Take these two questionable premises as a given — i.e., (1) that Turner deference governs and (2) that a lawful arrest means that incarceration in a general jail population is also lawful regardless of how minor the charges are — and the conclusion in Florence seems unavoidable. As a theoretical matter, it is undeniable that any pretrial detainee, regardless of the charges, could endanger institutional security by smuggling contraband into the jail and that routine strip searches might prevent such smuggling. And, under Turner, little more than such theoretical possibilities is required to uphold a prison regulation. The Florence dissenters’ main arguments — that empirical studies indicate there is little benefit from routine, suspicionless strip searches and that such searches are opposed by the American Correctional Association and other authorities — are beside the point.
What if the case had come out the other way? Playing out the counterfactual highlights the potential implications for proactive policing. In essence, Florence would have put some practical constraints on the breadth of police discretion to jail under Atwater.
Arrests and detention of individuals for the commission of minor offenses is a cornerstone of modern proactive policing.
In part, this practice gets its justification from the “broken windows” theory of policing — under this theory, leaving minor offenses unpunished is believed to contribute to a more general breakdown of law and order and thereby to fuel the commission of more serious offenses. However, since judges are unlikely to impose much beyond “time served” as a sentence for petty vandalism, minor traffic offenses, and the like, arrest and a short jail stay immediately thereafter are likely to be the only real punishment available for broken windows.
But Atwater contributes to proactive policing in other ways, too. Arrest and detention on a minor offense can take gang members and others suspected of violent propensities out of circulation for a time. Although that time should normally be brief, with a bail amount set within 48 hours, some arrestees may have a hard time coming up with even nominal bail payments. Morever, in some situations, even a day or two may prove helpful in preventing violence that would otherwise be imminent.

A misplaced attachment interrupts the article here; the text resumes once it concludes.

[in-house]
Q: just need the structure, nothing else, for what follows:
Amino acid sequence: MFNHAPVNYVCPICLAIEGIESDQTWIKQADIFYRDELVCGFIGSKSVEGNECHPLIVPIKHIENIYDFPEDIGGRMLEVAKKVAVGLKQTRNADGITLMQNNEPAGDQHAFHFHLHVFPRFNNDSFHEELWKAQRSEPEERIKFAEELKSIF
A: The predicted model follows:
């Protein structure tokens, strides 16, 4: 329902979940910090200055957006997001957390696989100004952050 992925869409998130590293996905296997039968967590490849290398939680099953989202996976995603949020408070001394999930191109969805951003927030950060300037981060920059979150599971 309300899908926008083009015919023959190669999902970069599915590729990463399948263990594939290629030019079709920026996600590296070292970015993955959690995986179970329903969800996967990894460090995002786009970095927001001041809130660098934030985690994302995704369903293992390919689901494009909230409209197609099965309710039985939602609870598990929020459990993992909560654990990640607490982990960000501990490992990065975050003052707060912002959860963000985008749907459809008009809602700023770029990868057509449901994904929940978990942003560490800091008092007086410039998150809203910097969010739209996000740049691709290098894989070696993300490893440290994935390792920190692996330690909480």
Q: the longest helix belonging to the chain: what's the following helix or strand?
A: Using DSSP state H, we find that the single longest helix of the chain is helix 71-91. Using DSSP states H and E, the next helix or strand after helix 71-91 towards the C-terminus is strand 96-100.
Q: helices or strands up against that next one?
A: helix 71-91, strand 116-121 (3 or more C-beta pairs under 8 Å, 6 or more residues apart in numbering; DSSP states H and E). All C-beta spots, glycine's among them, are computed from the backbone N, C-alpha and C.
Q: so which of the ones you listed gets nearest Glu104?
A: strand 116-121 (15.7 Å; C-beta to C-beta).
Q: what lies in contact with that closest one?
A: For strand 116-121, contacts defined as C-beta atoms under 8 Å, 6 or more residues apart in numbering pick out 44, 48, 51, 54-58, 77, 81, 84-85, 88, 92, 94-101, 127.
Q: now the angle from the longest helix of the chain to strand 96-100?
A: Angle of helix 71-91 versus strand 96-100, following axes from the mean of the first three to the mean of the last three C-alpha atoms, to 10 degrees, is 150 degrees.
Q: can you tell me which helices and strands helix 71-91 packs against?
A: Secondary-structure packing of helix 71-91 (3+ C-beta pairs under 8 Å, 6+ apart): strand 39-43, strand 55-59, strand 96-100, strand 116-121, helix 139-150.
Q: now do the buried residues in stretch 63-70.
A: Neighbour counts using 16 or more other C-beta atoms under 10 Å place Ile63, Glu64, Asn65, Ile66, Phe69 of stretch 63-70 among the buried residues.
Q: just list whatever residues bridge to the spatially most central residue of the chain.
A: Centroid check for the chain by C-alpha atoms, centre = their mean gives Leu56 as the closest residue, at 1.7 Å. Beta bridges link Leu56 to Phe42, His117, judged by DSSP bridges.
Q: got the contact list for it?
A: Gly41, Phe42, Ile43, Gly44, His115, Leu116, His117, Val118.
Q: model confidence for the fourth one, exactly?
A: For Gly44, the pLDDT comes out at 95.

Arrest means fingerprinting and collecting other information that may be used to good effect in future investigations involving more serious offenses.
Detention also provides opportunities for interrogation by police and the collection of information by jailhouse snitches. In this regard, the humiliations and dangers of jail may usefully “soften up” the person arrested on a minor charge.
Indeed, just being able to deliver a credible threat of a night in jail may be quite helpful to police officers seeking to intimidate or obtain information from citizens.
A different holding in Florence would not have directly taken away anything that Atwater gave to the police. However, it would have made jailing on minor offenses a more cumbersome process — and hence at least marginally less attractive to the state. Arrestees would have to be individually screened to determine whether there was reasonable suspicion to conduct a strip search, rather than being subject to a general search policy. In the absence of individualized suspicion, an arrestee might be introduced into the general population without a strip search, but (if the litigation representations in Florence were sincere) many jailers might be quite concerned with the smuggling risks, leading to the sort of very short-term, isolated detention that was used in Atwater itself. One way or another, police would lose the benefits of a degrading search process.
Seen in this light, the actual holding in Florence lends further support to the sort of highly discretionary, proactive policing that Atwater implicitly embraced.
Quis custodiet ipsos custodes?